Do not use stranded wire or braid if possible due to the fact that at RF the wires work individually instead as a single conductor and they can also be broken easier.

The illustration I saw had 8 or more rods going around the house from the main electrical box connected to more rods at the tower, and close to the operating position.

The article also stated that it was important to tie the main electrical box ground to the tower and the equipment location (often not very near each other) in this manner.

There were more excellent ideas and explanations in the article. I will try to find it on my computer and link to it later.

There is also the problem of the poor connection of each rod to the earth. This can be helped considerably with any of the following:

  1. bentonite surrounding the rods (not the lowest resistance, but much better than what you have, also needs to be kept moist to be effective, is the main ingredient in most pet litters).

  2. rods with chemical salts that leach into the soil but may not be effective in your soil that is dry and hard (can be expensive, dissipates into the soil, so you need to buy more salts every so often and may also be a pollutant in the soil, especially if you have a well for drinking water).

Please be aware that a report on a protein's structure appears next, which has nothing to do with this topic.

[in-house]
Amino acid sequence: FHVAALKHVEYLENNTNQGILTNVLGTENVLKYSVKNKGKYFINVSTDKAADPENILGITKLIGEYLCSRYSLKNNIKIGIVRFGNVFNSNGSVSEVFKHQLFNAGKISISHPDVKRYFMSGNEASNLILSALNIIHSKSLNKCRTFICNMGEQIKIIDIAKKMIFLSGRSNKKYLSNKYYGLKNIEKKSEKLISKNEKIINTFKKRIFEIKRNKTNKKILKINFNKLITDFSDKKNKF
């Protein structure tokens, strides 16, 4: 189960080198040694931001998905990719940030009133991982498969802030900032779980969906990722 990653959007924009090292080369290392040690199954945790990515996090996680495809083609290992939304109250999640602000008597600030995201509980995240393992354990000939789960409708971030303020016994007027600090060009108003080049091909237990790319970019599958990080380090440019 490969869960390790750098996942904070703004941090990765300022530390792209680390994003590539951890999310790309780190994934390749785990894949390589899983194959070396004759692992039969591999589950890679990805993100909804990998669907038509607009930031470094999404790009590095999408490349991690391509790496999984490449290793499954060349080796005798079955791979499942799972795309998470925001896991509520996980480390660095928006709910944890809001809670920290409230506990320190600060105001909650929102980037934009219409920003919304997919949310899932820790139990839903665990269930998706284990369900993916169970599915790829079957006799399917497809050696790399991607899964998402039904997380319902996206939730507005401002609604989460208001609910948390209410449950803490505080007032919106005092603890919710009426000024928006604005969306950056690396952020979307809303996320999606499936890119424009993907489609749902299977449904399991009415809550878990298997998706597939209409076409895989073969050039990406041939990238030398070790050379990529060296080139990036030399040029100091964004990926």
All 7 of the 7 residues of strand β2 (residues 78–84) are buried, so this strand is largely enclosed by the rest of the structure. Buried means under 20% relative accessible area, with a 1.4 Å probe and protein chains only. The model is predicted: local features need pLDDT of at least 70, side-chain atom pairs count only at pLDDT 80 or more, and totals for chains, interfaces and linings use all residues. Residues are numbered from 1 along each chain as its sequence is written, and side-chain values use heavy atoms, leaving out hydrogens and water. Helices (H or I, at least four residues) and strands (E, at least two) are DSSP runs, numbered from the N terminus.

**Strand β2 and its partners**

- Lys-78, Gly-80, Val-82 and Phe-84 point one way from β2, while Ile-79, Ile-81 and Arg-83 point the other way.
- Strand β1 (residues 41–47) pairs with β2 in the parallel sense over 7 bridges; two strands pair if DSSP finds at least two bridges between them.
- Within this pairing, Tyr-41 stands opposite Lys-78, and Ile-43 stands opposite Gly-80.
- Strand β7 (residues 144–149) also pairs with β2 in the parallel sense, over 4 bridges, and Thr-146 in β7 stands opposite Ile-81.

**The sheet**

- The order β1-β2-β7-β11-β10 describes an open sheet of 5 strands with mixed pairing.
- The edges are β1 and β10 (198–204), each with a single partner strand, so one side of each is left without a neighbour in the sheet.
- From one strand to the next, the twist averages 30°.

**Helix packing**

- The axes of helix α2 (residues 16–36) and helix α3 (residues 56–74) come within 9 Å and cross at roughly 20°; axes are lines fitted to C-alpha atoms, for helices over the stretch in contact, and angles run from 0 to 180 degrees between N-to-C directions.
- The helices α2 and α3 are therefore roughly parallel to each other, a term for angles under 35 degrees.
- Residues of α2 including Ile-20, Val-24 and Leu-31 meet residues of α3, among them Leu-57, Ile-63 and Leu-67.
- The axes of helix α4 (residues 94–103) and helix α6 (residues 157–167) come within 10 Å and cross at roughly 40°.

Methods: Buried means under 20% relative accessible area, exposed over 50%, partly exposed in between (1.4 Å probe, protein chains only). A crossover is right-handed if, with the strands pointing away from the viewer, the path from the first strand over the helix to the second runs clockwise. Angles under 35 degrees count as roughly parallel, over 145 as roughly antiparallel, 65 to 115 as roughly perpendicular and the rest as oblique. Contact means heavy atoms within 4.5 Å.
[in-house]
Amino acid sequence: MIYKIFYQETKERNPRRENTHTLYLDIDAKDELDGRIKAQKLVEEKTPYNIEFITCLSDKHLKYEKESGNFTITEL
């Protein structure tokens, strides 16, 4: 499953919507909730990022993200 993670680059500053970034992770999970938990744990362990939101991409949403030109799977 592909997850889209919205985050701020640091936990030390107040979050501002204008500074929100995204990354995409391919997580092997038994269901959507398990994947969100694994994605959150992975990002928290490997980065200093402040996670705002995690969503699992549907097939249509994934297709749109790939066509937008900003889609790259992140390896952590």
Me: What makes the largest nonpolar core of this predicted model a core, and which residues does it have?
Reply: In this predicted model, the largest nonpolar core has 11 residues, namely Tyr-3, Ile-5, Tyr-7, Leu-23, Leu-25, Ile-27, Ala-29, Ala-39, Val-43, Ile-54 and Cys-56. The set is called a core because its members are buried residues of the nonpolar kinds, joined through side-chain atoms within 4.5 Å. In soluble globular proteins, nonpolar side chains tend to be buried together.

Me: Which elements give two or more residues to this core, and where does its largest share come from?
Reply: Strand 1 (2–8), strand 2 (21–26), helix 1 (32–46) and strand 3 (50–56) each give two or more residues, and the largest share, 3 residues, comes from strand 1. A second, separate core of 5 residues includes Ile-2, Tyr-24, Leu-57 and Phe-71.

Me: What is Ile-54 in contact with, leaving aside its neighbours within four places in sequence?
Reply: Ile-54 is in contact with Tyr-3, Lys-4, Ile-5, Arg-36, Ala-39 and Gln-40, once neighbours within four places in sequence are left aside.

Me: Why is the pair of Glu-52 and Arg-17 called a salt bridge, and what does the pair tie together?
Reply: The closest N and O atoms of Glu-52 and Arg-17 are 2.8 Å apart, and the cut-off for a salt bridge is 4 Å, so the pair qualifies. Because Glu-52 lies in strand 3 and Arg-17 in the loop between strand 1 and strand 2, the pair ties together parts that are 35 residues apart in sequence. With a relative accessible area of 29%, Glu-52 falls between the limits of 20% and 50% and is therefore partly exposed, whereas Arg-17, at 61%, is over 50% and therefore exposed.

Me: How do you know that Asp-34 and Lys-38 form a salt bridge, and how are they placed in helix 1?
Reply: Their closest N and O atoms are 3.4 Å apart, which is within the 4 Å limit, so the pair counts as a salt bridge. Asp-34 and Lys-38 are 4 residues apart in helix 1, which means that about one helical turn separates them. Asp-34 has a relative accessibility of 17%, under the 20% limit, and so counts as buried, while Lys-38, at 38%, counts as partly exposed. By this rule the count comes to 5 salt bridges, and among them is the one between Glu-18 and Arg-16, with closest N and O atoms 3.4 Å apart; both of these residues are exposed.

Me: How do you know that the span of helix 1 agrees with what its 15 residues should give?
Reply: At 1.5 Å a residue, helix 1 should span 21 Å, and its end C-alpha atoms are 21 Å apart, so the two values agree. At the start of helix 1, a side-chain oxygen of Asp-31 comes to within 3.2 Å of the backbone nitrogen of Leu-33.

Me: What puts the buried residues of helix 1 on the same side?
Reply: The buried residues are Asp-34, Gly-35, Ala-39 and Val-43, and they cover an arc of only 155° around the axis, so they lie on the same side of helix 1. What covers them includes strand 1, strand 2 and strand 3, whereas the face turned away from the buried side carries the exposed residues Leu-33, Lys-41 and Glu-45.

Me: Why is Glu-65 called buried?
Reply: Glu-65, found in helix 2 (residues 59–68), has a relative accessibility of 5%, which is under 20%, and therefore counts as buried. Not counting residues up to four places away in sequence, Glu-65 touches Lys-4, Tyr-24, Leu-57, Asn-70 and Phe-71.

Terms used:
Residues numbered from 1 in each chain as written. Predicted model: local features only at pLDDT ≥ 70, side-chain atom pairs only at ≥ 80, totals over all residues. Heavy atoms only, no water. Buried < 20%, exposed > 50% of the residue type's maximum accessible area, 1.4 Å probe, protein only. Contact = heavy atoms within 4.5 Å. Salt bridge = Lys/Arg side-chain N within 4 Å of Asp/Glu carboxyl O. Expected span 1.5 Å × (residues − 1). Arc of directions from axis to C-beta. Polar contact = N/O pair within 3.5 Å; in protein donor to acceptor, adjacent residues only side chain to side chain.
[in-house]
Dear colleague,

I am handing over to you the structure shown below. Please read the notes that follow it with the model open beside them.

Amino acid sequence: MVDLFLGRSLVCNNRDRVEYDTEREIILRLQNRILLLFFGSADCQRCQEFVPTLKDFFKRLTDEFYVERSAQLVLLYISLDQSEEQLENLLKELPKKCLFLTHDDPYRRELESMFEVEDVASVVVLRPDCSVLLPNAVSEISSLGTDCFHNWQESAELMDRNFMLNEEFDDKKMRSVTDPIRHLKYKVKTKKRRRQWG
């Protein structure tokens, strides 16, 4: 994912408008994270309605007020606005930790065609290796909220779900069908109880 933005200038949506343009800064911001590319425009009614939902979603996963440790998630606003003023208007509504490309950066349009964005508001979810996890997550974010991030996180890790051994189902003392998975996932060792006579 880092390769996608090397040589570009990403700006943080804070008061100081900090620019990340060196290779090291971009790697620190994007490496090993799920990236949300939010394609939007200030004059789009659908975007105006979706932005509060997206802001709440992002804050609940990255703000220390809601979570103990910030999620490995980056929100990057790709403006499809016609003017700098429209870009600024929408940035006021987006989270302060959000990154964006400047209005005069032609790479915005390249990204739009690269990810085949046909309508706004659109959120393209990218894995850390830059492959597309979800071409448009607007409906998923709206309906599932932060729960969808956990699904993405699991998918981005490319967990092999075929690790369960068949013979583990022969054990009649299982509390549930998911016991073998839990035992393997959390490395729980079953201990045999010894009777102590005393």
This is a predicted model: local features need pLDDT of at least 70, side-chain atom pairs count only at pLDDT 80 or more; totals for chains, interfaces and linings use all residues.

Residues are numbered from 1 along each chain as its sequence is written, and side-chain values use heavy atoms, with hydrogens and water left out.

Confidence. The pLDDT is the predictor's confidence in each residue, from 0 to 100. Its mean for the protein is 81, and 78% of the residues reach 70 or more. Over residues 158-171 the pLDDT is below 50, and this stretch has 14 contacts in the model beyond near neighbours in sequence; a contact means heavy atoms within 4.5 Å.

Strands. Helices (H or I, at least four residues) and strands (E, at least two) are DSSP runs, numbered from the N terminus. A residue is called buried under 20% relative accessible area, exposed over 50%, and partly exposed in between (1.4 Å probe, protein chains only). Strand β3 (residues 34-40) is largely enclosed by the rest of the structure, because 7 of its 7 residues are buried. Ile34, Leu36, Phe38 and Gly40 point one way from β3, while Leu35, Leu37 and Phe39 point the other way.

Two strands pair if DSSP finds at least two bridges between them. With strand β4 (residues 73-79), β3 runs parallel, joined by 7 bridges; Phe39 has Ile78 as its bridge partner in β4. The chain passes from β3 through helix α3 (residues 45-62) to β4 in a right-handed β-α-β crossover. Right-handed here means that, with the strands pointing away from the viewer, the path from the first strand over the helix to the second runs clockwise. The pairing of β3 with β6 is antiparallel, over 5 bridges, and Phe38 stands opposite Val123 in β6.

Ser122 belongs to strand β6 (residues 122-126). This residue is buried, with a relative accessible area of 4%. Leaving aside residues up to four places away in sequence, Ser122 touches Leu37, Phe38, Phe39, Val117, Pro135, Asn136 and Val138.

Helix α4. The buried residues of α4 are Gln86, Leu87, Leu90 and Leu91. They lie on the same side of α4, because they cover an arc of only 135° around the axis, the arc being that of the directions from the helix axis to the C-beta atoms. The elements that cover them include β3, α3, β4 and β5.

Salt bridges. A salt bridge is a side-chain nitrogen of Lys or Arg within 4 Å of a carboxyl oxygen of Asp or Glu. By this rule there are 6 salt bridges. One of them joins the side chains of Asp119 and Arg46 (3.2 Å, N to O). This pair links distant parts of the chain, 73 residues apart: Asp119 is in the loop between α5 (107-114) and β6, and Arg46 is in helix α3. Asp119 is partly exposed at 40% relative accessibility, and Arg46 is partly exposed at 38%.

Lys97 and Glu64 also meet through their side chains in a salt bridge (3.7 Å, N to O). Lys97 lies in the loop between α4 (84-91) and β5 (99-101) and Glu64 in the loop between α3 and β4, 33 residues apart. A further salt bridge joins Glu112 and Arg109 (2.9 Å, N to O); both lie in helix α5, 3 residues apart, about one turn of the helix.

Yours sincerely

3. carbon based material (somewhat effective but also dissipates into the soil, but may not be effective in your soil that is dry and hard).

  4. proprietary material (can be expensive and is usually something like an enhanced clay similar to bentonite mixed with other things like carbon, but often no need to keep it moist)

  5. conductive cement (excellent with the lowest resistance of all these solutions, but the cost will be a little expensive)

I recommend conductive cement if possible. It is a little more expensive, but it is a permanent solution and not difficult to use and does not pollute anything. You can find it if you search for it on the internet.

I checked my files and the information I read was indeed at the W8JI website and I found even more information than what I read.

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This Might be Helpful !

https://sites.auburn.edu/admin/facilities/spw-bid-calendar/11-150%20AU%20Regional%20Airport-Construct%20a%20Self-Supporting%20Radio%20Tower/Project%20Documents/1/Motorola_R56_2005_manual.pdf

Motorola has done quite a bit of research on this subject. Good luck.

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    $\begingroup$ Answers should contain the information whenever possible, not just link to general resources. Please edit your answer to quote specific advice. $\endgroup$ – Kevin Reid AG6YO Dec 30 '17 at 16:44